Wolves At The Gate, or WATG, caught my attention with "Fountain," an epic, heart-moving ballad from their 2016 album, Types & Shadows. The song's lyrics come from an old hymn, "There's a Fountain Full of Blood." Very clever. It was this song that made me take an interest in modern versions of hymns. I also had it on repeat for close to a year.
Since "Fountain," I've been interested in WATG's music. Even more so since the band dropped their latest album, Eclipse. I can describe Eclipse in one word: epic. It has everything: fiery screams and impassioned cries, empowering (non-screaming) vocals, electrifying guitar riffs, head pounding drums and a variety of different musical arrangements.
Wolves At the Gate has a sound all their own. A sound you'd be able to identify if hearing it on Spotify, Apple Music, or even on a good old-fashioned radio. In this writer's opinion, Wolves At the Gate are here to stay. That's why I'm so honoured to connect with Stephen Cobucci, the band's vocalist and lead storyteller to talk about Eclipse, music, and more.
What does Wolves At the Gate mean?
The idea came from a section found in the book of Acts where the apostle Paul was leaving a church he had spent time with. And he warned them that when he left, savage wolves would come in and seek to distort the truth of the Gospel. Hence, the name Wolves At The Gate. We live in an age of information where it's all at your fingertips. And, yet, the Gospel message is one that is widely misunderstood and misrepresented. From the onset of our band, we wanted to help communicate the truth of the Gospel through the art of music. On our debut release, the first track reads that section in Acts 20 and ends by saying, "We are not the wolves at the gate, we are the ones who face them."
Tell us about the culture in the Christian post-hardcore music industry. What's it like to be a post-hardcore band?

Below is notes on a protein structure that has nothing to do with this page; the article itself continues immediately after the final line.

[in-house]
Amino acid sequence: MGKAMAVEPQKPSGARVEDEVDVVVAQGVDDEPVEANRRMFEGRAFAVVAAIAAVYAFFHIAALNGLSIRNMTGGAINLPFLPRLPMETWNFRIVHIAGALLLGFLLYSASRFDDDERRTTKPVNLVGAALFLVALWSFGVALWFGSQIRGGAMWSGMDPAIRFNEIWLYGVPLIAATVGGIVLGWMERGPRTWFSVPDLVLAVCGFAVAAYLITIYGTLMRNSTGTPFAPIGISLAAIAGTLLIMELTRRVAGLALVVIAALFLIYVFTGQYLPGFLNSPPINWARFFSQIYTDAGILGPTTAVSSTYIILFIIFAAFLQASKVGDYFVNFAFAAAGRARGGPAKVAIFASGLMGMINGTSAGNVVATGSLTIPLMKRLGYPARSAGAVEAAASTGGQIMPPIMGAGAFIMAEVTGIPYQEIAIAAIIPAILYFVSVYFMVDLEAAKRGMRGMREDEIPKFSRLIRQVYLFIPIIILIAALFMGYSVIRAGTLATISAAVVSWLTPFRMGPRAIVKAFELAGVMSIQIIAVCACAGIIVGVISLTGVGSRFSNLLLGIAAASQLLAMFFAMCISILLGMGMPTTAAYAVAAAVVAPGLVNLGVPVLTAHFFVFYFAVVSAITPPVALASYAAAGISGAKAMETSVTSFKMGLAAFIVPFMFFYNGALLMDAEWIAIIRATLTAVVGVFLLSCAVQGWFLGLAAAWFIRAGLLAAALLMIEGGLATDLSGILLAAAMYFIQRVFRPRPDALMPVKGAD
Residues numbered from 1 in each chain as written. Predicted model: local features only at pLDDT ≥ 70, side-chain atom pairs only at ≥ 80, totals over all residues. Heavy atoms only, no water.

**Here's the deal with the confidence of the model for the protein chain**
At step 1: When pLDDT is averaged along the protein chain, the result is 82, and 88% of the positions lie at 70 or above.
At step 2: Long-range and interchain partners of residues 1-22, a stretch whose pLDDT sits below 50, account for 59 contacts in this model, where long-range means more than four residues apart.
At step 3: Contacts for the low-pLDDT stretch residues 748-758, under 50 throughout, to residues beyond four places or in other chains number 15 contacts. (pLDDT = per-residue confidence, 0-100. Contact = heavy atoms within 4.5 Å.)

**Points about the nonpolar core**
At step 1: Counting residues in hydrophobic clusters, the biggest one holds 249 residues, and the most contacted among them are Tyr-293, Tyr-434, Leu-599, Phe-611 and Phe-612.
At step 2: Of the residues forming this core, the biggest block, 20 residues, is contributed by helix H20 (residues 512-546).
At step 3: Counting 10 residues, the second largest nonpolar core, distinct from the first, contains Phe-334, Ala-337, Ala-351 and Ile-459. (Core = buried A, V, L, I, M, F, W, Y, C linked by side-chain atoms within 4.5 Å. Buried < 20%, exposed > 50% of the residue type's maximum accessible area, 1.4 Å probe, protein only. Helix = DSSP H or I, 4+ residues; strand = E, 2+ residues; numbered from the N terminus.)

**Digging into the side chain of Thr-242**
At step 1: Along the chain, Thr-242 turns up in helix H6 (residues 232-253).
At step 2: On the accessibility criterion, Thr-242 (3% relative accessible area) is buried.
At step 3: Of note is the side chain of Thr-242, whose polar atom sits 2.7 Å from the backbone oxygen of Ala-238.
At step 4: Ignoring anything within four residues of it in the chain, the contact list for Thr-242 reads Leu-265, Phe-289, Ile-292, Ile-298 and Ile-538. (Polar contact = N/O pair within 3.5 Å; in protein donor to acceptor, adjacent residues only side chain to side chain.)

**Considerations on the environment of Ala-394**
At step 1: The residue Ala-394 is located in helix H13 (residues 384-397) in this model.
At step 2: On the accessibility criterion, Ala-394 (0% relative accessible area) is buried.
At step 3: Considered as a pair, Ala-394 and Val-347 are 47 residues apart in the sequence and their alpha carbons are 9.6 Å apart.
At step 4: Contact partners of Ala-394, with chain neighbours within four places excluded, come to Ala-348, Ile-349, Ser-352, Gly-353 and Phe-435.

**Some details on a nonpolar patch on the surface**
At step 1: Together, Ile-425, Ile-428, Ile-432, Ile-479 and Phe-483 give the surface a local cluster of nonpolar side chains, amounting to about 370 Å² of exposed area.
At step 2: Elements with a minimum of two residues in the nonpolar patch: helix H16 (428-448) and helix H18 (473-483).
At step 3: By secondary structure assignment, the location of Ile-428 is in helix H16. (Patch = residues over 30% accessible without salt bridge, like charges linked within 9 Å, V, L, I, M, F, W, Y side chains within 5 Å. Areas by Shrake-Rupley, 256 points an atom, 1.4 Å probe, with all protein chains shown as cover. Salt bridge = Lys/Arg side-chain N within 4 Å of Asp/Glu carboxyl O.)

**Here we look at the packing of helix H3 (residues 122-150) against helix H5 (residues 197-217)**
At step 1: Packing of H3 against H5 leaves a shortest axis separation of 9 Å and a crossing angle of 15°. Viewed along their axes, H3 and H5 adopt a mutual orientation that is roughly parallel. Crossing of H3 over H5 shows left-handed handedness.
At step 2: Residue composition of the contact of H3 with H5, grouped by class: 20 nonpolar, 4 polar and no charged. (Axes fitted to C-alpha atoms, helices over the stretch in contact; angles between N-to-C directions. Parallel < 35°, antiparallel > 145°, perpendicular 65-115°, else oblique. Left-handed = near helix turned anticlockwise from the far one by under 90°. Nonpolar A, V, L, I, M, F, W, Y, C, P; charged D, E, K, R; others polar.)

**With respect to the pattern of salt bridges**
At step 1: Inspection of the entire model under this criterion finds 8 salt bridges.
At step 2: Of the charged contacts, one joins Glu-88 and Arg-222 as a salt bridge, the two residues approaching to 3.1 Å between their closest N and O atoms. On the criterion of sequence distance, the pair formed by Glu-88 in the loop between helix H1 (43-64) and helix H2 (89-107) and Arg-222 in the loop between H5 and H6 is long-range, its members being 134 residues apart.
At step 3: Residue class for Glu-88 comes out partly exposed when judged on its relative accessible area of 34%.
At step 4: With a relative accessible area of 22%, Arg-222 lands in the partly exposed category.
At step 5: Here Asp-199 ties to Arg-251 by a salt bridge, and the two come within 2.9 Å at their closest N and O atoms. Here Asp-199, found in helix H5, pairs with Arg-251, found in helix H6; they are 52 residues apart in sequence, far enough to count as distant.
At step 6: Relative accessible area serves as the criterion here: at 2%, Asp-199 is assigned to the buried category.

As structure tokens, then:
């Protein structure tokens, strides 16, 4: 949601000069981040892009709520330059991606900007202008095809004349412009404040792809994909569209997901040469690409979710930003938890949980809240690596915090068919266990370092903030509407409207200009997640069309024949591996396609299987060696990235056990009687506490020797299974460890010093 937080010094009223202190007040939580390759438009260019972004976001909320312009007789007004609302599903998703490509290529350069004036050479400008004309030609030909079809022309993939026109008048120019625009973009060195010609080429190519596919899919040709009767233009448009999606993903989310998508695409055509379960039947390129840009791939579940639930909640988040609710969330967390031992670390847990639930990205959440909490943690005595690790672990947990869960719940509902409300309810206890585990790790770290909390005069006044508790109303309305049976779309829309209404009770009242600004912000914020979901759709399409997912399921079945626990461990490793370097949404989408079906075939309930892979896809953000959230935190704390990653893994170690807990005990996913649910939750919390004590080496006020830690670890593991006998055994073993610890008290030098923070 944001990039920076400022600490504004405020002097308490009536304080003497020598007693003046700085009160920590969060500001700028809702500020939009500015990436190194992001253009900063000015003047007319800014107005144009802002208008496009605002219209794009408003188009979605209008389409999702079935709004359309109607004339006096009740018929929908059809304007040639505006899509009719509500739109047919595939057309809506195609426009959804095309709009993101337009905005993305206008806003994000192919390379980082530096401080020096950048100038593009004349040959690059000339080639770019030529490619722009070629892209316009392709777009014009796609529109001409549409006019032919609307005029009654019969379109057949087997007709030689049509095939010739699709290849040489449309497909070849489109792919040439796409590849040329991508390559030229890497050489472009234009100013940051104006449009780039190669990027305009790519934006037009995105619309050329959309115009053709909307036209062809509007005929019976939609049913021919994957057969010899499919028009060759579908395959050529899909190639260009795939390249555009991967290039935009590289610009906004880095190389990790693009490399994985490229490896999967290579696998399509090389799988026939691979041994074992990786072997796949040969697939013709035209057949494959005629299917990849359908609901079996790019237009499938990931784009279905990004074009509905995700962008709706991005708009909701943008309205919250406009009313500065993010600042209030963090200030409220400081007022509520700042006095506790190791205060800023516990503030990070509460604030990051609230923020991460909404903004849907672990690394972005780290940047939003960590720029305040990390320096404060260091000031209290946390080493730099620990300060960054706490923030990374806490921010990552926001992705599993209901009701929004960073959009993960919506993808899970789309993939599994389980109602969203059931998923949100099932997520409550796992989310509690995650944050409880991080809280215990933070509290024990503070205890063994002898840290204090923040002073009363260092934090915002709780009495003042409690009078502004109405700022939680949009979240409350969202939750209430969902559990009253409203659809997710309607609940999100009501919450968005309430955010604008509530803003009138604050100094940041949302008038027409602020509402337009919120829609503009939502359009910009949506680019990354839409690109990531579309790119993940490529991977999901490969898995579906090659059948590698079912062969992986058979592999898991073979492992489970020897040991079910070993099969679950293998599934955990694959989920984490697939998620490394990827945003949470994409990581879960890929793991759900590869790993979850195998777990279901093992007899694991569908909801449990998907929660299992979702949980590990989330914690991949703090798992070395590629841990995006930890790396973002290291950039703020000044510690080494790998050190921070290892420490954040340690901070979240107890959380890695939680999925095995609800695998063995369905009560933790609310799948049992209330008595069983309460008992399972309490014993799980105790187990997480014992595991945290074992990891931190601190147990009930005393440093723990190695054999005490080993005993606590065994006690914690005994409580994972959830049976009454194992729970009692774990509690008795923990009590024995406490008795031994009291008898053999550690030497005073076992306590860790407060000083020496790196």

Well, quite frankly, there is no Christian post-hardcore music industry. If there is at all, it's really small. The industry we most likely "in" per se is the heavy music industry. Under that umbrella, you find many different genres and sub-genres in which, I guess, we fall into the category of post-hardcore. The culture is eclectic to say the least, both in musical style, message, goals, outlooks, and worldviews. There are people who are open to hearing the message behind our band and some who are not. It's pretty much exactly what you would expect.
Tell us about your new album, Eclipse. What is the inspiration behind the new album? Talk about the album's theme.
We named the record Eclipse because of how well it encapsulated the relationship the light and the dark can have. Diametrically opposed at times and at other times very closely linked. Much like the relationship between the truth and a lie. An eclipse tells you that it's dark. But it takes truth and faith to know that the sun is still shining. There are, at times, blindly obvious signs and, at other times, dim representations, all the while, doing nothing to negate the truth. The sun still shines. All this revolves around my walk of faith in believing the truths of the Gospel message, seeking to help others find hope and peace in the love of God, as well as how to come to grips with various social, political, and personal issues.
How has your faith grown and how has that manifested in your lyrics?